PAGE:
model based on human capability and institutional building that is geared to the specific needs of CWANA countries at this stage of their development. The following constraints face most NARS of developing countries in their institutional development: weak research management, institutional instability (donor driven), human resource instability, funding instability, research program instability, limited relevance of research and deficiency in priority setting, defective linkage with the world knowledge system; insufficient links within the NARS themselves with universities, the private sector and NGOs, and with outside partners such as international agricultural research centers, regional institutions and advanced research institutions in industrial countries; and weak monitoring and evaluation of research. Generally speaking, the role of foreign assistance has been prominent in developing NARS in the region. Building agricultural research capacity means developing the capacity to design organizational rules that will help people organize, support, conduct and monitor agricultural research. Research management capacity development measures may involve

  • Setting medium- and long-term research plans and strategies to serve as a frame for priority research programs and projects, in light of integrated sustainable development priorities and policies
  • Identifying appropriate research instruments for achieving research objectives
  • Transforming human, physical and financial resources of research institutions into research outputs and practical technologies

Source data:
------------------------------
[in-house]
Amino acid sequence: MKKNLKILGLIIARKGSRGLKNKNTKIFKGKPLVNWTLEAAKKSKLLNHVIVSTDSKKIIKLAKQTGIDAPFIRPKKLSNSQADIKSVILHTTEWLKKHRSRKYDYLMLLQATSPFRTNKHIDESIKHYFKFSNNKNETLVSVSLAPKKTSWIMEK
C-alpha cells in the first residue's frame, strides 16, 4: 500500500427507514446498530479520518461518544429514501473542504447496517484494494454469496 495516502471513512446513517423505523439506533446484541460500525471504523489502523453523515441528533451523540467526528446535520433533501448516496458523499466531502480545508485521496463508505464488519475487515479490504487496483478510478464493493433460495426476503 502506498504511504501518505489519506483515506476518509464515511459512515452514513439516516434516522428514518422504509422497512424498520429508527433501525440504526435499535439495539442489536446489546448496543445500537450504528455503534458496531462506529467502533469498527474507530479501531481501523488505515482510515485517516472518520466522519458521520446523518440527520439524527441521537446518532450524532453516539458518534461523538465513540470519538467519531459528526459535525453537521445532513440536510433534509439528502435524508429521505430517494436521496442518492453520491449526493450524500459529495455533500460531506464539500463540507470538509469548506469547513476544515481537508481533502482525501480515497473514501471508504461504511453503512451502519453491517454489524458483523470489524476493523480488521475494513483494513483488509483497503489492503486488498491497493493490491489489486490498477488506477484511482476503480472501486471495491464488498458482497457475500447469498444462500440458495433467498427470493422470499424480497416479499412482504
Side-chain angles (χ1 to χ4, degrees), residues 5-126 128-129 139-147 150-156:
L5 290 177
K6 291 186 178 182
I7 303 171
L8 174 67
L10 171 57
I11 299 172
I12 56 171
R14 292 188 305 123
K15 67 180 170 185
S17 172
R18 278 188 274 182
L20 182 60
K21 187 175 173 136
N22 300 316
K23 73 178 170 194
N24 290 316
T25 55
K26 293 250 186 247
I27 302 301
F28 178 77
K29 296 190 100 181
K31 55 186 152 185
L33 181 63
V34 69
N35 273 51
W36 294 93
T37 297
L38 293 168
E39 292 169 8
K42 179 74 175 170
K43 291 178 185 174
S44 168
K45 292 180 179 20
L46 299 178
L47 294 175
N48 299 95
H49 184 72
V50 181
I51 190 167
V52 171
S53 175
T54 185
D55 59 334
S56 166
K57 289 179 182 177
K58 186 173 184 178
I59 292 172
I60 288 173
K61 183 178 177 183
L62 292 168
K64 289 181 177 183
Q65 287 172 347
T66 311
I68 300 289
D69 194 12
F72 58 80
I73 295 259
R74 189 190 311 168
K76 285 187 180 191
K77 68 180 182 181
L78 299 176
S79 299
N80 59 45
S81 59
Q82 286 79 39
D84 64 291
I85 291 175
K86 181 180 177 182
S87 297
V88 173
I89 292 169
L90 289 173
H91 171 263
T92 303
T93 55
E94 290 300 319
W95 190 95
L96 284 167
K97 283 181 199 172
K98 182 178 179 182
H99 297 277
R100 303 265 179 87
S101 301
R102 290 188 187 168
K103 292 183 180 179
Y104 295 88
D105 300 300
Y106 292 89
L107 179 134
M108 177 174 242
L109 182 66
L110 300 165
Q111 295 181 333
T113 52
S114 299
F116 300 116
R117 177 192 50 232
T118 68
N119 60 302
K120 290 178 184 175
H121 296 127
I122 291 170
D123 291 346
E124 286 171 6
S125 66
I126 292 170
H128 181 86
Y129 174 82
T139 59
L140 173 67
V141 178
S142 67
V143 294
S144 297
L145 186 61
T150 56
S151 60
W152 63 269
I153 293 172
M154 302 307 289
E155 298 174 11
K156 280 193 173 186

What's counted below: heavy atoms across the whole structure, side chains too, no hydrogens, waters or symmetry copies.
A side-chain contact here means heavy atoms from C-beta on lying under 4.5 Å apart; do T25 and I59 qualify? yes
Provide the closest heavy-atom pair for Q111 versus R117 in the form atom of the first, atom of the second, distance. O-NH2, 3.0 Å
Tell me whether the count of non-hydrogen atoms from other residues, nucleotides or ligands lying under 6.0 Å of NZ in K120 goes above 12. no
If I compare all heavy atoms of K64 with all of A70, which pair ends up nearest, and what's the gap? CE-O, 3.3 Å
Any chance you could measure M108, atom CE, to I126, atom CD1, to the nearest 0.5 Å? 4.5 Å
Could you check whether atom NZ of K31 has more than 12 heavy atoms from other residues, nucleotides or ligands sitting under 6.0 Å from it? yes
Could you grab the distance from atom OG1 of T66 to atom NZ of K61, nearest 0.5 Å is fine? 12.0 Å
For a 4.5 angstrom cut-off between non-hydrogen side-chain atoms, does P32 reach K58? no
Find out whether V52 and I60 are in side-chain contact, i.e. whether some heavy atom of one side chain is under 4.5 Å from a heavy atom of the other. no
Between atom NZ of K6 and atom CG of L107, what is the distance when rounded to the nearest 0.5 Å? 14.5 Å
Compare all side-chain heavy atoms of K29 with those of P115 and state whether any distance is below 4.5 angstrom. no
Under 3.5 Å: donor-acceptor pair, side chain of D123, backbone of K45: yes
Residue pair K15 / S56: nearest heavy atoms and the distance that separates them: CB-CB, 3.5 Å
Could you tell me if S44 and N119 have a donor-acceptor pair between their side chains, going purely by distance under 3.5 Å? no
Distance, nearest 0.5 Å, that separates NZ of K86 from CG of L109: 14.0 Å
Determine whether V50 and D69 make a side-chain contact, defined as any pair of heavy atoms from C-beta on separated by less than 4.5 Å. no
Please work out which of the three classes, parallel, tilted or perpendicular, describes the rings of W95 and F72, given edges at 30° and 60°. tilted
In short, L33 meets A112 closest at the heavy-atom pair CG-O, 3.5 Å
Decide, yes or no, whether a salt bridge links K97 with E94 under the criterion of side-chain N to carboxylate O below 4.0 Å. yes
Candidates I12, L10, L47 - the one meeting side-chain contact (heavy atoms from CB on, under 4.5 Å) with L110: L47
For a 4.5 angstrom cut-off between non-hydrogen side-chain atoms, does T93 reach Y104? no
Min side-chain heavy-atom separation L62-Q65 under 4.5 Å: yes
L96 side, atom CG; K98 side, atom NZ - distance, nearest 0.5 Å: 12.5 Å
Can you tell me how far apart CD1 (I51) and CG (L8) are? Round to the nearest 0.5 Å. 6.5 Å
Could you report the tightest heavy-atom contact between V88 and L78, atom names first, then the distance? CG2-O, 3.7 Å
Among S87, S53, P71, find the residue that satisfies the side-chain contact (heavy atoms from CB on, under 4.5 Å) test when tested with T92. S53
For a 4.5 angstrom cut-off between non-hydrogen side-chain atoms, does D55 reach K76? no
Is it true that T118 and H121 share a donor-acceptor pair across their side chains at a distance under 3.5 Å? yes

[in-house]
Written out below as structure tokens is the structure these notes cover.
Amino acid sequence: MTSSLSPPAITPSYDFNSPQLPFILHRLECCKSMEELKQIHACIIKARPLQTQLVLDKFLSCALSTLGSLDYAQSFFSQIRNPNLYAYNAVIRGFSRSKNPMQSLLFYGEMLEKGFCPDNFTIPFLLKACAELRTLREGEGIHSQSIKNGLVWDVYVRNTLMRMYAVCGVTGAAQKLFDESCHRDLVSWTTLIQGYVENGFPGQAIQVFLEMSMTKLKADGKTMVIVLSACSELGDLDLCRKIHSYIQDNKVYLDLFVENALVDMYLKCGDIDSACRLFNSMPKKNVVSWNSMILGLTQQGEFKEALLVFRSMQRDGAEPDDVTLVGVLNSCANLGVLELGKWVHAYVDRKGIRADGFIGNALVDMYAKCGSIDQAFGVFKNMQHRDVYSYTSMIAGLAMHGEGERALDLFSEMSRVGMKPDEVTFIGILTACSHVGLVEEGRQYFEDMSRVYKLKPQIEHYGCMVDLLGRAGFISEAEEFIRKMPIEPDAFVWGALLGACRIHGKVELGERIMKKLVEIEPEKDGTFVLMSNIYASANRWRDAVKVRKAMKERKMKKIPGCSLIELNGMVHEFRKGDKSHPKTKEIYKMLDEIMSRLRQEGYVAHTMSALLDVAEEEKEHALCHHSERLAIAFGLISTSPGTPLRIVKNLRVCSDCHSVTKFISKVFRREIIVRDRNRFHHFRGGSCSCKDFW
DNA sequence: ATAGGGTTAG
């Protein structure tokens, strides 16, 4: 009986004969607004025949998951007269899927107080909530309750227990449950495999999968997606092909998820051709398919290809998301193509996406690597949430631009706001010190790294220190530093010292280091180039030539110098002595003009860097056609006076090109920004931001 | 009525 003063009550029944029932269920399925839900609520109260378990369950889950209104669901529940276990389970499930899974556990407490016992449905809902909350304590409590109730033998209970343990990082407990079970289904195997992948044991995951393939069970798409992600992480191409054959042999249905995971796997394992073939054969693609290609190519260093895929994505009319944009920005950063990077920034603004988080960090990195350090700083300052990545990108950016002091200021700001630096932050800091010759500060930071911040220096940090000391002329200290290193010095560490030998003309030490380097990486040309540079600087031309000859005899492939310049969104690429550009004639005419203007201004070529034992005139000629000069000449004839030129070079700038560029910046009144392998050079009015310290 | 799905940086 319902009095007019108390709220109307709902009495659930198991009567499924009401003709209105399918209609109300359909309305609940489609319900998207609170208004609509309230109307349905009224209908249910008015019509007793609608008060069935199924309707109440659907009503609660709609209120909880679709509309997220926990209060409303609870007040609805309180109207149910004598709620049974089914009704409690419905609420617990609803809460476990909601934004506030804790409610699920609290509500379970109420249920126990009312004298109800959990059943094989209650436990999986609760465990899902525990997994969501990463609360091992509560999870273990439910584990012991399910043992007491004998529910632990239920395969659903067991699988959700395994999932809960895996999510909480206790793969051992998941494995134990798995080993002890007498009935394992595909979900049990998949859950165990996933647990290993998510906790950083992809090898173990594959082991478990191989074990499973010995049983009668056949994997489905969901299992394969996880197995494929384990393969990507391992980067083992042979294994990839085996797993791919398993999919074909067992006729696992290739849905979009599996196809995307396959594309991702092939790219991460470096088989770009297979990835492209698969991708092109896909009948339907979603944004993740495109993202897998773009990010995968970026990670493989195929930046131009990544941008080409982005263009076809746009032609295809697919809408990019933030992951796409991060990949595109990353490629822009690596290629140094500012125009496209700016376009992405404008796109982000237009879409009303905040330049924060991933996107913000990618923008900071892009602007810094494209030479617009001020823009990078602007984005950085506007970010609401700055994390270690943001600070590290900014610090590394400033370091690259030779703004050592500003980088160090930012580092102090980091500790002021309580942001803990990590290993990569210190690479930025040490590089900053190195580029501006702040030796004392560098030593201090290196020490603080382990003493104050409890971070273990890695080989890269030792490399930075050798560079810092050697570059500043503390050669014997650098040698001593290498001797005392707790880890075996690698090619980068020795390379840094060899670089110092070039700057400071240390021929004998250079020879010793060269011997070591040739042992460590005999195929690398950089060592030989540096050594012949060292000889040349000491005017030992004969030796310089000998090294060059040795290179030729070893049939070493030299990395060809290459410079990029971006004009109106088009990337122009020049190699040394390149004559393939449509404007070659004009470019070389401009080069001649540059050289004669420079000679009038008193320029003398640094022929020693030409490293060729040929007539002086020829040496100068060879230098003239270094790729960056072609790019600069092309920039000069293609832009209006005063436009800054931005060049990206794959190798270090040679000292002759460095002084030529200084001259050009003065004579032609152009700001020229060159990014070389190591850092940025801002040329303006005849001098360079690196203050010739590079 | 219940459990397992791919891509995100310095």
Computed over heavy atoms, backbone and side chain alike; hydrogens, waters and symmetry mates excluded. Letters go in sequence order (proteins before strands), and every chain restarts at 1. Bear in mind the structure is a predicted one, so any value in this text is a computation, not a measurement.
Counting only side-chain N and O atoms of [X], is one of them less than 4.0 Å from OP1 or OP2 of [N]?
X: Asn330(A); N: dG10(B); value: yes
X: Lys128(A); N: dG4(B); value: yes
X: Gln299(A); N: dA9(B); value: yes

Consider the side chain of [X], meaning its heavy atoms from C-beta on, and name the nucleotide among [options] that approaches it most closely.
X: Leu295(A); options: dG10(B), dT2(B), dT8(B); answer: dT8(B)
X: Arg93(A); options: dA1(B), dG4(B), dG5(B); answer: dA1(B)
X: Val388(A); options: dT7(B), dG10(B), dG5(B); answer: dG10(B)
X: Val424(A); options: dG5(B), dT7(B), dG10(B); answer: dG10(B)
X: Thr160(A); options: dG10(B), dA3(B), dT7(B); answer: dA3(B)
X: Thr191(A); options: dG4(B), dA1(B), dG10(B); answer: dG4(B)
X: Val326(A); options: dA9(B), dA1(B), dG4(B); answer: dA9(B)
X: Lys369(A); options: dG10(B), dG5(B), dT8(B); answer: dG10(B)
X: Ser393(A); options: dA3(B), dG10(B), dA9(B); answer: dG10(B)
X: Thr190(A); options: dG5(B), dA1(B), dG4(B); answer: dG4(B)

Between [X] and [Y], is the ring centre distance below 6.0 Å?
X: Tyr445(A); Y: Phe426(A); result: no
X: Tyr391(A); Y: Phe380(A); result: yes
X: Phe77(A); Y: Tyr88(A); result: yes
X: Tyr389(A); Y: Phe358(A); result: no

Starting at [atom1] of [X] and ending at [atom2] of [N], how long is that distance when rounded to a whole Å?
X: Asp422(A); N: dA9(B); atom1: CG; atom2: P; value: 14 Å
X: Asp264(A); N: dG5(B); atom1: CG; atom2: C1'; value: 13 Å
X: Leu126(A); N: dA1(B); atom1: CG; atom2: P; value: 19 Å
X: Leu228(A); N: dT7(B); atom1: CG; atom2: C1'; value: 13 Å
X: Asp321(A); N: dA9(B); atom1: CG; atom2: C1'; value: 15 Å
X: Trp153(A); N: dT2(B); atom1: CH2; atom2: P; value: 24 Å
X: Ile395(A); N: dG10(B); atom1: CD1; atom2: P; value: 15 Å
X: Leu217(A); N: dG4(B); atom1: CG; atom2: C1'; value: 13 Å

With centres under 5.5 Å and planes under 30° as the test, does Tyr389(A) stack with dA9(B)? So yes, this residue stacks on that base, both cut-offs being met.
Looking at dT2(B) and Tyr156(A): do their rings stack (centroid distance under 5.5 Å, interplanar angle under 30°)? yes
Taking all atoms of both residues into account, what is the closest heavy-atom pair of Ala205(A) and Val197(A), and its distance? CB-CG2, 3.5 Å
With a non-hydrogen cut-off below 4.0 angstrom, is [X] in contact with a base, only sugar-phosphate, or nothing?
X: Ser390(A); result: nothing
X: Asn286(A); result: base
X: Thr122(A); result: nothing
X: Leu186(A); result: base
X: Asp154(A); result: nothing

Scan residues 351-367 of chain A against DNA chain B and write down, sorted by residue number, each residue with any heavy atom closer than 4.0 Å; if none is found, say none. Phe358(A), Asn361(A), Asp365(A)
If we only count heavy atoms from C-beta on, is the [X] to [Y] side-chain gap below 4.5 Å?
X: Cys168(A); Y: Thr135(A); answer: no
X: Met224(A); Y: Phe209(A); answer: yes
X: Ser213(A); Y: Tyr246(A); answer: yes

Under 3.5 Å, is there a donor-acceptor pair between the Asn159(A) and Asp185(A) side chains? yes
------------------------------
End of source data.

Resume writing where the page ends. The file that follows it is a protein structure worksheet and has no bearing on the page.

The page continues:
• Upgrading and executing a research agenda consistent with minimum environmental degradation
  • Monitoring, evaluating and revising the agricultural research system

The agricultural research agenda must respond to the challenges of the world food supply. It will be influenced by the choices of research investments and strategies made by governments and institutions in both industrial and developing countries.

It is now recognized that a rigid borderline between public and private sector roles cannot be established, and there are many gray areas where public–private partnerships are needed, often in conjunction with civil society and producer and community organizations. In some least-developed countries, the withdrawal of the public sector from markets has left a vacuum that the private sector has not adequately filled, because of high transactions costs and risks. This means that the public sector needs to take a more active role in coordinating activities, jointly financing and building the capacity that the private sector needs to fill its role. In addition it must finance core public goods, especially infrastructure. Many responsibilities are also being devolved to local or state governments for decentralized program implementation, providing additional challenges and opportunities. Strategies such as contracting out to the private sector, providing targeted matching grants to support activities within the public interest, expanding collaborative action in the context of development of market supply chains and trade associations, various types of consultations and coordination forums with the private sector are all important. CWANA countries, while signing free trade agreements and